• Sam Wu

COVID's Impact on Transitioning 9th Graders


New freshmen gathered socially distantly during their on-campus orientation in September. (Photo by Laura Black)

Transitioning to the Upper School at Friends is usually an exciting time with lots of change. There are many more freedoms, responsibilities, clubs, choices, and new kids. People are trying lots of new things and getting used to the new Upper School environment.


“All of a sudden you have an independence that you didn’t really have when you were in middle school, and you have a little bit more freedom, and time to hang out with your friends and just get to know people," says ninth grade dean Christine Saudek, "and just feeling like you decide what you’re going to do with your time.”


But in the midst of a pandemic, the experience is completely different.


To keep students and faculty safe from the virus and still be able to come on campus, there are lots of measures that everyone needs to observe, such as staying 6 feet apart and wearing masks all the time. Because most of these measures go against human nature, students need to be supervised and accounted for much more than normal to ensure that they don’t break the rules. All of these things make it harder for 9th graders to socialize and bond with each other the way they usually do.


“It’s just a whole different way of interacting and getting to know people,” says Ms. Saudek.


Freshmen played get-to-know-you games on Deering Field (Photo by Laura Black)

What's missing this year

It is especially difficult for new students to make connections. Things that helped connect people in years past, like chatting in the hallways or playing on the turf during morning break, have now disappeared.


“I miss seeing everyone in class, and the little interactions that you had with people in the hallways,” says Kaya Banerjee, a 9th grader returning to Friends.


Many large-scale bonding activities are also impossible this year. There are no field trips, boisterous Collections, movie nights, or any big events that students previously enjoyed.


Assistant 9th grade dean and 9th grade History teacher Josh Carlin says there's a lot this year's freshmen are missing.


“In a traditional year, there is a week-long Smart Start where the first two days are for new students, and the last two are for the whole grade," says Mr. Carlin. "So before school even begins, the whole grade has spent two days together going to the original Friends School, having lunch together, and bonding. That first week is huge."


In years past, Carlin says, the grade has had a movie night in the fall, and a Biology trip to the Eastern Shore.


"Between all of those things, that’s a lot of bonding time," he says. "The challenge this year is that we’ve had none of that.”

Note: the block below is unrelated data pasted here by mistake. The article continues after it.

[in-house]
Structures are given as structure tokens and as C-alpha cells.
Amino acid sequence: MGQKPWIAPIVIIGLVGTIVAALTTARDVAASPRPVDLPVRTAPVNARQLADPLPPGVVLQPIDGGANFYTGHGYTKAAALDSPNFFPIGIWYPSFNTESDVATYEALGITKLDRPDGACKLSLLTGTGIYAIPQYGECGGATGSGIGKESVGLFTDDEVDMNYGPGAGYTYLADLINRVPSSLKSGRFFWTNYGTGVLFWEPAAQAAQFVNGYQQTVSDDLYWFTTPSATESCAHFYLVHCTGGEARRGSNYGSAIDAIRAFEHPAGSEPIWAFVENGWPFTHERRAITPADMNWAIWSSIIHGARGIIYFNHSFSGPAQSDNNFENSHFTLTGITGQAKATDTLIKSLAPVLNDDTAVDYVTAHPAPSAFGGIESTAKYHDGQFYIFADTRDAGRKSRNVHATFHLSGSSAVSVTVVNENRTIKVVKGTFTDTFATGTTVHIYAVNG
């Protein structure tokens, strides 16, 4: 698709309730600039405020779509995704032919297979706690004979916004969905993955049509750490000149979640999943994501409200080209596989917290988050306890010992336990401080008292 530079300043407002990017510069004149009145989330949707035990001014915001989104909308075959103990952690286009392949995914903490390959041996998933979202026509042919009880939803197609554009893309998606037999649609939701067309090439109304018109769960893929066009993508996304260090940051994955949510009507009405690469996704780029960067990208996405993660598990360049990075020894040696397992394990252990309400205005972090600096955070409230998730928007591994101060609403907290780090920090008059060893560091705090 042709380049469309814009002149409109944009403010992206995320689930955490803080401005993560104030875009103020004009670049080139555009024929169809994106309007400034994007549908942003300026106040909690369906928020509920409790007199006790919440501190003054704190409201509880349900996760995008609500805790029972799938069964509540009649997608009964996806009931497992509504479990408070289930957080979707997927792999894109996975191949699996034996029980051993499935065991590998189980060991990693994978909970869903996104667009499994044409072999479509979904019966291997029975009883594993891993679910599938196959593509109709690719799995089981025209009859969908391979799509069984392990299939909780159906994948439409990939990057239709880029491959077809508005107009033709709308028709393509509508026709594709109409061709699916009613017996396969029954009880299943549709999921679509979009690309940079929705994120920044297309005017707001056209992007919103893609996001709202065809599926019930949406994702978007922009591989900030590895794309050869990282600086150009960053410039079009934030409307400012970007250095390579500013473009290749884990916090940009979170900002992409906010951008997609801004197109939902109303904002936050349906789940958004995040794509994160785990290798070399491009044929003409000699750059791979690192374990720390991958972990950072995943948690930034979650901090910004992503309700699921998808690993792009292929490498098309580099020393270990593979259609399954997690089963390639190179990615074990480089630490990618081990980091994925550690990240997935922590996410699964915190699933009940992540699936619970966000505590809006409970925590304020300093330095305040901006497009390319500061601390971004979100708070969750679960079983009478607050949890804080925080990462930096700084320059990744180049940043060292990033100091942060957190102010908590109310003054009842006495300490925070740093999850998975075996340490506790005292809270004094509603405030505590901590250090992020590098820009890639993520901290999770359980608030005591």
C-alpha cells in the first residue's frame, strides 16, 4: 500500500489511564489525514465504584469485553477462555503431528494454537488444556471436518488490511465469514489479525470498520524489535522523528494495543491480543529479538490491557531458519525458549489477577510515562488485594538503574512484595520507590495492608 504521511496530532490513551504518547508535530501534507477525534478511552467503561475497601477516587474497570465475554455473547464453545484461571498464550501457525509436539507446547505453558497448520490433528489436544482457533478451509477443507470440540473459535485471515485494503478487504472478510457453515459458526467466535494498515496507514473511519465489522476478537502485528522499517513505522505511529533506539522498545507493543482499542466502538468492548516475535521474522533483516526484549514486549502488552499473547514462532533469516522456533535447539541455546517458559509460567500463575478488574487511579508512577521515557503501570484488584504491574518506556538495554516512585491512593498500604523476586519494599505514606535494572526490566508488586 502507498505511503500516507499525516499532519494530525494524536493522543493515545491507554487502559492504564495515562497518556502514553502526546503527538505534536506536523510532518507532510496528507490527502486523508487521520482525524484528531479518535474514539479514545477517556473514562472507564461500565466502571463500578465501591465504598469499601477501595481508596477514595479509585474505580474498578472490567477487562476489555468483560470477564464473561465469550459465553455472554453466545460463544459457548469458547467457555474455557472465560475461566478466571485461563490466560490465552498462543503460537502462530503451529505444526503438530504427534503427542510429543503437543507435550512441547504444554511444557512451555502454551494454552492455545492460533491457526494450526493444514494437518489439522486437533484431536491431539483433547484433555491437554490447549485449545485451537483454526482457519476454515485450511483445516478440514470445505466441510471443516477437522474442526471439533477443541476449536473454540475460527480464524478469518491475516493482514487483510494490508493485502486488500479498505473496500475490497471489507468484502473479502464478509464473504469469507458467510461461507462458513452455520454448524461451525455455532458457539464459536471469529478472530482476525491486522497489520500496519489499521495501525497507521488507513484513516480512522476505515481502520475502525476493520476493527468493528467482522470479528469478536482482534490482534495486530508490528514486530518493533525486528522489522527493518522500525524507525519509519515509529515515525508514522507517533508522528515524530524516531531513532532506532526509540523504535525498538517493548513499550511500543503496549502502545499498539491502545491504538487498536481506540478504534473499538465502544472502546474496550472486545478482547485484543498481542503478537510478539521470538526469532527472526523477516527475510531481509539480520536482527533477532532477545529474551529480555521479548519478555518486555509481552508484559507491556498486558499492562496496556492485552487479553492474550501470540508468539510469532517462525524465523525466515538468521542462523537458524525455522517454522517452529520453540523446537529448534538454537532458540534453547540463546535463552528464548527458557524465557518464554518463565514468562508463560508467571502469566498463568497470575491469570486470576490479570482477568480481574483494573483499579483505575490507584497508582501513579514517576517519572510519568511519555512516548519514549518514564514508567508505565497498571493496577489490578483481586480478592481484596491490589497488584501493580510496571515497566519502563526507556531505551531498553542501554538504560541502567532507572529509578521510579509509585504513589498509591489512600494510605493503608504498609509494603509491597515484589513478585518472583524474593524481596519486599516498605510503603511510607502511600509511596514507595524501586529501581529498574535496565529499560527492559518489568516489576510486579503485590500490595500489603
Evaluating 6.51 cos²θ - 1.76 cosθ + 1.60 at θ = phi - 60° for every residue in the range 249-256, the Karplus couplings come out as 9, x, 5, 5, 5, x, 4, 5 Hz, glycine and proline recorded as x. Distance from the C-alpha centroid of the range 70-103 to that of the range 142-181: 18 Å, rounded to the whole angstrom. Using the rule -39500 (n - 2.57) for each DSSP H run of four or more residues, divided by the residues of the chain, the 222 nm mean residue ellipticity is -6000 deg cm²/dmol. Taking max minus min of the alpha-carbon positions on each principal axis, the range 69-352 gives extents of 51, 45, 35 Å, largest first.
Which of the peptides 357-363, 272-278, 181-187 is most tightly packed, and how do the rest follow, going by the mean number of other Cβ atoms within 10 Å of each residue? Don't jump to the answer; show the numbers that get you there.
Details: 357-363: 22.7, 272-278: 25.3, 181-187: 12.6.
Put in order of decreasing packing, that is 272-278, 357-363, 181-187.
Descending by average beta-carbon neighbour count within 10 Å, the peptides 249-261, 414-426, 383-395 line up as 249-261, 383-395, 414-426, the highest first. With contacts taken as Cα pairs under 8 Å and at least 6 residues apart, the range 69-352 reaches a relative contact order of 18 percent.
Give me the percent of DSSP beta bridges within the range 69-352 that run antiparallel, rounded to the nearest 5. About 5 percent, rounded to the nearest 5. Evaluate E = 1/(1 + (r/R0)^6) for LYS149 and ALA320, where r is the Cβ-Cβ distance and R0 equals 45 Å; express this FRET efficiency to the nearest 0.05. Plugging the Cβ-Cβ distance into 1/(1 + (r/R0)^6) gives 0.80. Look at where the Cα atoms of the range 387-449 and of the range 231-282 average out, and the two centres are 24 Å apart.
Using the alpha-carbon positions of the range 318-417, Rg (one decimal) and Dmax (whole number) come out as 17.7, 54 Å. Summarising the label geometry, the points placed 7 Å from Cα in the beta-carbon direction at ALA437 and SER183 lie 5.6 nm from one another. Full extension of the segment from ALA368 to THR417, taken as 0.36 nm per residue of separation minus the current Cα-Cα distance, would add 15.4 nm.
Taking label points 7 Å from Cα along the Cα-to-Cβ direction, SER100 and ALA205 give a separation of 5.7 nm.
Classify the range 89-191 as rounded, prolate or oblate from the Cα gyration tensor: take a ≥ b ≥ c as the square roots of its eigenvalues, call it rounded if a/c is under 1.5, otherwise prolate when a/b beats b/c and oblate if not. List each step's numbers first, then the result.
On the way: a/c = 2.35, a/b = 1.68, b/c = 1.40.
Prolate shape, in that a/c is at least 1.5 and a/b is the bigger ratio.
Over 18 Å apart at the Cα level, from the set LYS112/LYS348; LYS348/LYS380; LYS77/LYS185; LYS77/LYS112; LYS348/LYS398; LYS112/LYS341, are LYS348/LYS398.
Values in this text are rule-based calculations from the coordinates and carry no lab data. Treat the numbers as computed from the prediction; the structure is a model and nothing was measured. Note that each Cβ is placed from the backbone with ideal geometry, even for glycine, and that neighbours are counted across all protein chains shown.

In a regular school year, 9th graders make connections through after school sports, activities, and clubs as well. This year, many cannot operate how they usually would.


Not only did these activities form connections between transitioning 9th graders, but they allowed students to take their talents and passions to the next level in high school, with more structured clubs, sports, and activities, and more events, participants, and excitement.


Freshmen get to know the Friends School campus (Photo by Laura Black)

It's harder over Zoom

Adding to the difficulties 9th graders face this year, distance learning and social distancing measures make it harder to learn. Internet connectivity issues have caused students to miss important announcements, material, or explanations. Some students aren’t able to work as efficiently on their own.


“I just don’t get the same experience when learning on Zoom then when I’m in person," says returning 9th grader Noah Ripke. "When you’re in person, you tend to talk much more than when you’re over Zoom.”


“Everybody’s situation is different," adds Saudek. "Some people have a caregiver at home to help with distance learning, and some people don’t because theirs are off doing their jobs. And I think some of the kids who don’t have the luxury of having someone at home and being able to ask questions when they don’t understand something, sometimes they’ll just say that they’ll leave it for another time and then they don’t end up doing it.”


Students in the auditorium at orientation. (Photo by Kristen Andrews)

We can do this

Despite everything being restricted and changed, students are navigating it with creativity and resilience. People can still socialize to some extent at school, and new students can still form connections. Many clubs, while online, are still functioning, and many haven’t changed much.


Saudek offered some advice for 9th graders.


“Everybody is here to help and wants you to succeed," she says. "Use your teachers. Ask questions. If you don’t understand something, get in touch with somebody. If you're not able to do the homework, get in touch with your teacher that night. People are understanding.”


Also, Carlin said, “if every returning 9th grader reaches out to one new student, that will go a long way.”


“We just have to be patient," says Saudek. "It’s a trying time for everybody. It’s a trying time for the students. It’s a trying time for the teachers. We just have to be optimistic about it and know that we are eventually going to get through it.”







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